Stickler syndrome is a clinically and genetically heterogeneous collagenopathy characterized by ocular, auditory, skeletal and orofacial abnormalities, commonly occurring as an autosomal dominant trait. We conducted target resequencing to analyze candidate genes associated with known clinical phenotypes from a 4-year-old girl with Stickler syndrome. We detected a novel heterozygous intronic mutation (NM_001854.3:c.3168+5G>A) in COL11A1 that may impair splicing, which was suggested by in silico prediction and a minigene assay.
Stickler syndrome, first reported by Stickler et al.,1 comprises a clinically and genetically heterogeneous group of heritable connective tissue disorders characterized by ocular, auditory, skeletal and orofacial abnormalities.2 Its incidence among neonates is ~1 in 7,500–9,000. The typical mode of inheritance is autosomal dominant; heterozygous mutations in COL2A1 (OMIM# 120140), COL11A1 (OMIM# 120280) and COL11A2 (OMIM# 120290) cause Stickler syndrome types 1 (OMIM# 108300), 2 (OMIM# 604841) and 3 (OMIM# 184840), respectively.3–5 The differential diagnosis is made according to the patient’s clinical characteristics, but may sometimes be difficult because of the phenotypic variability. The diagnosis can be confirmed using molecular genetic analysis.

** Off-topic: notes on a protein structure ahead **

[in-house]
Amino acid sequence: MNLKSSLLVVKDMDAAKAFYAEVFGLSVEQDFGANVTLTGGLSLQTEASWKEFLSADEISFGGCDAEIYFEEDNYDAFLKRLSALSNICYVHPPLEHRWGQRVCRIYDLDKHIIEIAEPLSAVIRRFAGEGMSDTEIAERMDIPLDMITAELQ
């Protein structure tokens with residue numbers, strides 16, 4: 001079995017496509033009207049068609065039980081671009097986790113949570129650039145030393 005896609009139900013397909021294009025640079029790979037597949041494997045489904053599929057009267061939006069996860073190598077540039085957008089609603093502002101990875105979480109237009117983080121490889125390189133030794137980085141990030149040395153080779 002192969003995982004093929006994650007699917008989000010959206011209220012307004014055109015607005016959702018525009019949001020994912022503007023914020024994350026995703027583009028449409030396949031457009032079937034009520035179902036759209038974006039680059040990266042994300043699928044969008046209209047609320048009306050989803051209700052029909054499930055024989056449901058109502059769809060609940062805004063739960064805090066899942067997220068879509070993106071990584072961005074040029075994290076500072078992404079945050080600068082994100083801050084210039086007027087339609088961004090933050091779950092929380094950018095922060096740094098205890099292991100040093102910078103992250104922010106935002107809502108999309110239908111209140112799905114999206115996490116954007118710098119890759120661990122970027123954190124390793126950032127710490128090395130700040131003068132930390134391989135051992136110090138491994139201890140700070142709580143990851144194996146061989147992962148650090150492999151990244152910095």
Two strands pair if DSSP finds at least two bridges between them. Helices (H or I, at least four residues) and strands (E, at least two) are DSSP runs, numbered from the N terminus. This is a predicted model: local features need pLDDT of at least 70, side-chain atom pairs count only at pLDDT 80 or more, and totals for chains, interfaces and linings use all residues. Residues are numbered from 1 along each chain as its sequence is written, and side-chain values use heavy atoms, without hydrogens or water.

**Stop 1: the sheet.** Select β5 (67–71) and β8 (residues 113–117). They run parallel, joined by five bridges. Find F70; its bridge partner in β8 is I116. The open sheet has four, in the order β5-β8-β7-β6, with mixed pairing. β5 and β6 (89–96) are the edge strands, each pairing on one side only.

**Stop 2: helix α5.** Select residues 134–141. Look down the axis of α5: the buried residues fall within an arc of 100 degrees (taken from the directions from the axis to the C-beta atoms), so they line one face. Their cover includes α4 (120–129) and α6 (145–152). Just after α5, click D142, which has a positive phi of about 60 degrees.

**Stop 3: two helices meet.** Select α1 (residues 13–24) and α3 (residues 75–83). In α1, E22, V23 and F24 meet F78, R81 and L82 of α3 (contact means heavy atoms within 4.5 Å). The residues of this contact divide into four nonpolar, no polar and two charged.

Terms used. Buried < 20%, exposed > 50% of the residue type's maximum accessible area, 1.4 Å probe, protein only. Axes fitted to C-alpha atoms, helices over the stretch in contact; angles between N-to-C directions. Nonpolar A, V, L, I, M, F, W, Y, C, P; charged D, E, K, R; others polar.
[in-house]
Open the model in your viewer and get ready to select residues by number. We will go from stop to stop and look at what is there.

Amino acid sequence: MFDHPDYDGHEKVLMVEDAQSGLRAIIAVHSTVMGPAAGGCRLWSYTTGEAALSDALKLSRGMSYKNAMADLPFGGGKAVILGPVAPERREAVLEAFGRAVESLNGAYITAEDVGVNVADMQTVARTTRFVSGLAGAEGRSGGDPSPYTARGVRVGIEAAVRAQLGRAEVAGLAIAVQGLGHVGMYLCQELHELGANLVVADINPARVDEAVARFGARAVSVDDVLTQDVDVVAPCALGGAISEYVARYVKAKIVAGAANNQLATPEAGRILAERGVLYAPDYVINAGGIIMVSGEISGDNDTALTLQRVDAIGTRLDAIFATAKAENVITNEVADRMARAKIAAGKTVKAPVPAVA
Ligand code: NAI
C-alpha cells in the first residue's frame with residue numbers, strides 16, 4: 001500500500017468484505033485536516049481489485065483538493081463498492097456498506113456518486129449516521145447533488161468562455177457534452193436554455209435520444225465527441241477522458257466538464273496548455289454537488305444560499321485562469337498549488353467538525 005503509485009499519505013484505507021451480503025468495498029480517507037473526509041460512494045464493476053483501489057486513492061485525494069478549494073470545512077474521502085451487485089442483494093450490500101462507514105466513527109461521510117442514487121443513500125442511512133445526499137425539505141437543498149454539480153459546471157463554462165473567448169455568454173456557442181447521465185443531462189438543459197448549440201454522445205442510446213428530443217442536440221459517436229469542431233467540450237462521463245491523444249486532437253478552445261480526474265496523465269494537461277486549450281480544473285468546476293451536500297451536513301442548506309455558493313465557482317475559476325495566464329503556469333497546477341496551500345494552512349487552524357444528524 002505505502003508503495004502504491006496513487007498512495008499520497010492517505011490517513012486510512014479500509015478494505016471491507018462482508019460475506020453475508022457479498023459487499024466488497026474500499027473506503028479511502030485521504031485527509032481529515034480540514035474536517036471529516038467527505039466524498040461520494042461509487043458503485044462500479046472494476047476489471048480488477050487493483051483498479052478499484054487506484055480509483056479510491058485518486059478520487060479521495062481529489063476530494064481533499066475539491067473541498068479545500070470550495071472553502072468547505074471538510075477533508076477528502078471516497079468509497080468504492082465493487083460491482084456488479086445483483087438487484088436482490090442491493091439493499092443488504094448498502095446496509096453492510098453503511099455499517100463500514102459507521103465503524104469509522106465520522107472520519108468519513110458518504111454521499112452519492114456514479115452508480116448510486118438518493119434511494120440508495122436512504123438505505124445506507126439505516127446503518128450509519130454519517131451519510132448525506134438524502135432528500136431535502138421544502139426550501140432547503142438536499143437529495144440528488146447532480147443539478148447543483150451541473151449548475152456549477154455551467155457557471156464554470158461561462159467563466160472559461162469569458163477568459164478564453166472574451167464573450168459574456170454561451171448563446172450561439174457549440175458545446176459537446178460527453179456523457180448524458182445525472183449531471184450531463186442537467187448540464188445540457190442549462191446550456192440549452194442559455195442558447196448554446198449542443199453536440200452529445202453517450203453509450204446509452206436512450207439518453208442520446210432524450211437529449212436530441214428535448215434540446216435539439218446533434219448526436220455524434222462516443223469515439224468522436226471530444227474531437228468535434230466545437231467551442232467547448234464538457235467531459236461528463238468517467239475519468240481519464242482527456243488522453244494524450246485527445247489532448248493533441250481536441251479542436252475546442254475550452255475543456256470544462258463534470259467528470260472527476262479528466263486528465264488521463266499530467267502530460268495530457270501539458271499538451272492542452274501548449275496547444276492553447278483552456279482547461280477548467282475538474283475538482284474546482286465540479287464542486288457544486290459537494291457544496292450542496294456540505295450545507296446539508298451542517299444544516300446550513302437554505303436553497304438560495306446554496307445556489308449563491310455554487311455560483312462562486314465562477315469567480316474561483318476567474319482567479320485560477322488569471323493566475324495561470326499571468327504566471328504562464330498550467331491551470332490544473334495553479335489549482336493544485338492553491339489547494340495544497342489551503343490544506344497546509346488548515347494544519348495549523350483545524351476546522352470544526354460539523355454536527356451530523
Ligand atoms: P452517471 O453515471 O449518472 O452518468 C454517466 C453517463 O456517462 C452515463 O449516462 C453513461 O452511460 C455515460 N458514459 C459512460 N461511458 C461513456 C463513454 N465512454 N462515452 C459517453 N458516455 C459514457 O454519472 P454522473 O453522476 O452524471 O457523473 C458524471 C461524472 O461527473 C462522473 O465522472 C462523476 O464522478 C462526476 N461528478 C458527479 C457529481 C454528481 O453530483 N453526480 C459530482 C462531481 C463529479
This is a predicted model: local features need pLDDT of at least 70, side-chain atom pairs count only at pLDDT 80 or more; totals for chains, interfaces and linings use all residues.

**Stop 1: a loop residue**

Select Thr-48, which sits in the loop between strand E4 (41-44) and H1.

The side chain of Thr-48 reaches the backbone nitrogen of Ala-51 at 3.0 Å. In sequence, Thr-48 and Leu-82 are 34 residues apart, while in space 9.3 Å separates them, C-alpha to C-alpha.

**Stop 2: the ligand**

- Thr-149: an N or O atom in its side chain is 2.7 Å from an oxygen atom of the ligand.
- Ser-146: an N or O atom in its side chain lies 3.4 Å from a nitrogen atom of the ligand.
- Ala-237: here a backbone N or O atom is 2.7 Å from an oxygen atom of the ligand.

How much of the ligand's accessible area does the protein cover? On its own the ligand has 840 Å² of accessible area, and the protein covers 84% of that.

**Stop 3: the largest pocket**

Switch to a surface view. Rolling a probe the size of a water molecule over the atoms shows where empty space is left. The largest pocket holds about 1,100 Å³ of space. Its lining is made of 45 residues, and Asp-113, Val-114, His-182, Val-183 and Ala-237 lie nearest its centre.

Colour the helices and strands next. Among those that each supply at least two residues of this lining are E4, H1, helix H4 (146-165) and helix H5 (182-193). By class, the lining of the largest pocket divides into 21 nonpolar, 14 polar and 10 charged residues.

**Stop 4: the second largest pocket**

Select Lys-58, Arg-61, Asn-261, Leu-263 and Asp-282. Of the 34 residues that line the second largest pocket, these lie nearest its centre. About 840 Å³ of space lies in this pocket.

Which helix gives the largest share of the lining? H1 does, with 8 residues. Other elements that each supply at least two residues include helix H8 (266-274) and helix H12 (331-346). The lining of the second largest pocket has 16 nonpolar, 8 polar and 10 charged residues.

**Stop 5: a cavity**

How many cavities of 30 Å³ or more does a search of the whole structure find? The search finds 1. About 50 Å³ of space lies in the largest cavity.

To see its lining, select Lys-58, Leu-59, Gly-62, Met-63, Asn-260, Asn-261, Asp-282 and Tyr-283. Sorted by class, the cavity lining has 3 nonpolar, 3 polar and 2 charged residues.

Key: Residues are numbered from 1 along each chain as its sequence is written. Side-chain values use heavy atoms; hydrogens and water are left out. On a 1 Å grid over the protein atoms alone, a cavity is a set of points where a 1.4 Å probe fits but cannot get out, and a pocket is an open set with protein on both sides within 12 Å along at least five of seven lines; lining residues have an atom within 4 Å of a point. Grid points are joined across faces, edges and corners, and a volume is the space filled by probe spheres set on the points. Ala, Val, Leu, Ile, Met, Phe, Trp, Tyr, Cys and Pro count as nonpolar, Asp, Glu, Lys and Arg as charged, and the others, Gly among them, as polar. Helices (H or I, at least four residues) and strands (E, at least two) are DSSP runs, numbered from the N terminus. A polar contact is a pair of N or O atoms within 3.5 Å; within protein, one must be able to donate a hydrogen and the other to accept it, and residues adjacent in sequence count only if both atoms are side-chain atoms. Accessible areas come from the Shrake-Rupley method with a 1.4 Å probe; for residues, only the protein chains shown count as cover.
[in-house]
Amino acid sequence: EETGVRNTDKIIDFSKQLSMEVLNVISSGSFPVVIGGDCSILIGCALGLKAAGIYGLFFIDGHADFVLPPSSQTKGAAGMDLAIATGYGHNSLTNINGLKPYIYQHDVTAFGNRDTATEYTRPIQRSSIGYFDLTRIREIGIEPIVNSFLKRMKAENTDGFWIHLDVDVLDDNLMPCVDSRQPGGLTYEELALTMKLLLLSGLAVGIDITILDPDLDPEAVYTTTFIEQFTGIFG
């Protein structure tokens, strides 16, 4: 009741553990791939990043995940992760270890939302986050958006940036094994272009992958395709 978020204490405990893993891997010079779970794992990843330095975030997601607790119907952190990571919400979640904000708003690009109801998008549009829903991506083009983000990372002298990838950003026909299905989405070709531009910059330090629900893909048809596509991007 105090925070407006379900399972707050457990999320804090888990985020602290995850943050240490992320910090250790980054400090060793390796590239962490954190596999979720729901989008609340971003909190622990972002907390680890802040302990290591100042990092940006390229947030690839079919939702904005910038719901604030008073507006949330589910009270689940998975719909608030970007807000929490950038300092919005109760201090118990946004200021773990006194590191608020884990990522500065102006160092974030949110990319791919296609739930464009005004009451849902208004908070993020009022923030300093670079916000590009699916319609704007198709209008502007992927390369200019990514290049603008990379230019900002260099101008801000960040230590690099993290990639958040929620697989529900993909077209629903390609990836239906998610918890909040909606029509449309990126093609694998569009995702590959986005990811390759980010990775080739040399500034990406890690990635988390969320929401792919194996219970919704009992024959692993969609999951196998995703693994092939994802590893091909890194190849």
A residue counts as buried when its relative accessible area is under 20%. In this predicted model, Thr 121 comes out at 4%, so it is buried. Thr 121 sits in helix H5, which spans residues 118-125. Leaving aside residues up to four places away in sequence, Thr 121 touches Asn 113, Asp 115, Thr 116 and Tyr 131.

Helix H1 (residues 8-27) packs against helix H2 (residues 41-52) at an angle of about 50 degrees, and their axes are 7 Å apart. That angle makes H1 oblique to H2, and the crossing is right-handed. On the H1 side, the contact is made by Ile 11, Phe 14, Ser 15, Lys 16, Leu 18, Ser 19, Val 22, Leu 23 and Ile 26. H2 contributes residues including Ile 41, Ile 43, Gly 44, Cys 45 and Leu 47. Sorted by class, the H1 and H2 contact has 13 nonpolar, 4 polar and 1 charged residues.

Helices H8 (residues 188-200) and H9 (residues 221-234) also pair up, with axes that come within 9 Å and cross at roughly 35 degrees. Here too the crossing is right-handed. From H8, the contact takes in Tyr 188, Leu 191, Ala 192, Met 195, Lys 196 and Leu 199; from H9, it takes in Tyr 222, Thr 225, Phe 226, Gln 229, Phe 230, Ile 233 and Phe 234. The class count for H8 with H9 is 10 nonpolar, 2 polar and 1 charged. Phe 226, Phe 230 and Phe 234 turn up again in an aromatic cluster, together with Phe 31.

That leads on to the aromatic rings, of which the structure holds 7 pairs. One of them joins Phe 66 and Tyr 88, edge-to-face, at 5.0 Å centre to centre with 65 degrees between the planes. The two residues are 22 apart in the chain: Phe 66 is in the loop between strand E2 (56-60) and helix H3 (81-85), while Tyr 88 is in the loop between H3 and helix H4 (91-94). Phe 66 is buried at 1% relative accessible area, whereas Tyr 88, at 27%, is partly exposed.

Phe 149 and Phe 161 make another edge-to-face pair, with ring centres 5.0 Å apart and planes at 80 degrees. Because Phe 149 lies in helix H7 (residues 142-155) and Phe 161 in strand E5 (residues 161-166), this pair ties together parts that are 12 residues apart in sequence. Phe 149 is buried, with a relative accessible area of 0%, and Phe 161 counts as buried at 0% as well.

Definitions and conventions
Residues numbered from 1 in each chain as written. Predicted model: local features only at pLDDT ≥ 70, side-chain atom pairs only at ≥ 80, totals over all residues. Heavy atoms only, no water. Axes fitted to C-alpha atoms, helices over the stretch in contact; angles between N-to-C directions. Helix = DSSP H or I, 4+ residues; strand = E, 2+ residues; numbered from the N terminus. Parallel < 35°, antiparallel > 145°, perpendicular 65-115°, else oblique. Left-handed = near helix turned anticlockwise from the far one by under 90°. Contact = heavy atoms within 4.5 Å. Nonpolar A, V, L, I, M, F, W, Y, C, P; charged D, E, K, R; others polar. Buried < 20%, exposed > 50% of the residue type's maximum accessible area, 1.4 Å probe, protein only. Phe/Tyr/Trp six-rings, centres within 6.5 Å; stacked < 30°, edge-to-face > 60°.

Standard Sanger sequencing, which is routinely used to identify pathogenic mutations, is laborious, expensive and time consuming, particularly when applied to the analysis of large genes, including those coding collagens, with numerous exons and for multiple genes that are possibly responsible for genetic diseases. Targeted next-generation sequencing (NGS) of candidate and/or known pathogenic genes can be used to overcome problems associated with Sanger sequencing to diagnose patients with disorders, including Stickler syndrome.6 We report the use of targeted NGS to study a Japanese patient with Stickler syndrome and the identification of a novel heterozygous COL11A1 intronic mutation outside of the highly conserved AG–GT dinucleotides, NM_001854.3:c.3168+5G>A. The mutation was present in a targeted exome panel comprising the coding regions of 4,813 clinical phenotype-associated genes, including Stickler syndrome-related genes. The functionally significant effects of this mutation on the splice donor site were revealed through in silico analysis and functional experiments using a minigene assay, and suggested that this mutation was the cause of Stickler syndrome in this patient.